of a traditional Japanese melody and works equally well for either instrument.
Also new to me, and not in the Grover book, is the brief 'Nemo Fugue' of
c. 1960. I wonder what it was meant to be part of? Its subject is remarkably
like that of the Fantasy Fugue of 20 years later.
The Introduction and Fugue was written for harpsichord and the piano is a
possible option. Edward Moore is very successful in making it a piano piece
with a real delicacy of touch. Michael Dussek begins the work with a rush
of notes that is certainly not 'Grave' but could be described as 'appasionato'
(Rubbra's markings). The ornaments that follow in bars 3 and 4 seem hopelessly
rushed. In fact in this piece a steadier tempo in general would have helped.
I have to confess myself often unimpressed by Rubbra's most important piano
work, the Eight Preludes, and I have heard several pianists tackle it. After
Dussek's performance I felt that I liked the work after all. When I came
to check the overall timings with those of David Mason I was astonished to
discover that Dussek knocks almost 2 minutes off his overall length, including
one minute off the first prelude! Rubbra marks it Lento ma con rubato and
I feel Dussek has got it just right here. The heavy and perhaps ponderous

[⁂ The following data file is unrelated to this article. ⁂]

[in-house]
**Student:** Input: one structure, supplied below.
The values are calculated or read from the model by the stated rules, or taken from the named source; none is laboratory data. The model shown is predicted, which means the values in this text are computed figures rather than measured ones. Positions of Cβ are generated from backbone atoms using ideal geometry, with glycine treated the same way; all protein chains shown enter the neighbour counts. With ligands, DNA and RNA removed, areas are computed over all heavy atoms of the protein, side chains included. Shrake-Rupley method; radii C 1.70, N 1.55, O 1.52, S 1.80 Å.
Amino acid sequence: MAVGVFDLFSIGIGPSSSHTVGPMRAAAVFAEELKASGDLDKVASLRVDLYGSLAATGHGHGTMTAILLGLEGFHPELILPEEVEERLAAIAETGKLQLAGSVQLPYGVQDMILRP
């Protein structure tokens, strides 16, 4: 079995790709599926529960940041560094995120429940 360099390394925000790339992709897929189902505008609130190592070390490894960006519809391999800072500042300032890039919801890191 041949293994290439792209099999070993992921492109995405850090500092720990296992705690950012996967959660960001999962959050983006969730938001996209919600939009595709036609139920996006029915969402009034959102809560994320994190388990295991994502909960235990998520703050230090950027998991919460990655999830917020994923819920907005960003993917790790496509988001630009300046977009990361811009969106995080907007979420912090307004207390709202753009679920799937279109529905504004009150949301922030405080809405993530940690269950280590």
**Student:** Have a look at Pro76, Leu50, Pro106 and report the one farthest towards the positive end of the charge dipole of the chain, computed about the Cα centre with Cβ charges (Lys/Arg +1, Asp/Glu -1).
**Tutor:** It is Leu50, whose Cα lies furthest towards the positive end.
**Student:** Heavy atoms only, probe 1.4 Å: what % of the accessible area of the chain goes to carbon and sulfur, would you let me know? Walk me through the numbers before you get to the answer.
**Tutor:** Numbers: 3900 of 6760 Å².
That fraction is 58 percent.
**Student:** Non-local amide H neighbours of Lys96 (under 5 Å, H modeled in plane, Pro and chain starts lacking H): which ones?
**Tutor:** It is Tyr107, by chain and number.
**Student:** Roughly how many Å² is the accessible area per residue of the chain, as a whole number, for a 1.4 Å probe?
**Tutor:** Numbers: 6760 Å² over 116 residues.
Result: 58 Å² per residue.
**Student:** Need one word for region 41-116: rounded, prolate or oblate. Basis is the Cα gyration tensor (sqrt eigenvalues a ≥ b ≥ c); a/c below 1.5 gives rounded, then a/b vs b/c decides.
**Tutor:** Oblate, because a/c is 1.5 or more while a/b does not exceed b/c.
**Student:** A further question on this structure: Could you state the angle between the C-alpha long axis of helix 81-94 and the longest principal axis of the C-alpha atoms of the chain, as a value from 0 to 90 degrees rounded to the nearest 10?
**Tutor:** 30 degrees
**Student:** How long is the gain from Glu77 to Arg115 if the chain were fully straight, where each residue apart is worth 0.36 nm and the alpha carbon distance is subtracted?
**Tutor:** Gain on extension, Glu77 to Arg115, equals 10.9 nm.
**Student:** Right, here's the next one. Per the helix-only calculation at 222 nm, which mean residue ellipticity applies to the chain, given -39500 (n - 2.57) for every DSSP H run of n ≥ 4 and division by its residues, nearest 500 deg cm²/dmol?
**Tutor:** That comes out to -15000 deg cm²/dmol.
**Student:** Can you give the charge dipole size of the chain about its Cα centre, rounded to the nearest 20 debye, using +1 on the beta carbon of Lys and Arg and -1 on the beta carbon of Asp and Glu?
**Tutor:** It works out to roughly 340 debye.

quality of this piece and of Prelude number 6, benefit from a tempo lift,
and this kind of a light touch.
The 'Invention on the name of Haydn' is a workshop chipping, which I have
always enjoyed. It was first performed and recorded by the BBC who commissioned
it. John McCabe played it on the day of the 250th birthday of
Haydn in 1982. Several other composers were commissioned to write miniatures
for the same programme I recall.
The teaching pieces Op. 74 come from an attractive collection of five books
of piano pieces by ten composers. These were published by Lengnicks in the
early '50s but are still available. I, for one, still happily use them. Other
contributors were Bernard Stevens and Malcolm Arnold. Rubbra's contributions
are immediately attractive and distinctive.
It is a particular joy to welcome a new recording artist to the catalogue.
She is Miss Rachel Dussek, daughter of Michael who here plays the first piece
'Question and answer' very beautifully indeed. I can quite see why her father
did not want to compete with playing of this order. There is a photograph
of Rachel (aged about 7?) and her father in the beautifully produced CD booklet.
This also includes a fine picture of Rubbra deeply engrossed at the piano.
The liner notes in English only are also by Dussek.
Michael Dussek has already featured on two other Rubbra CDs in recent times,
the Violin Sonatas (CDX 7101) and various pieces of Chamber Music (CDLX 7106).
He has, it seems to me, more inside knowledge of Rubbra at the piano than
anyone around. He plays totally sympathetically and with suitable restraint
and passion where appropriate. We have much to be grateful for from him and
from Michael Dutton the guiding light behind these recordings. I believe
that the string quartets are next to be released.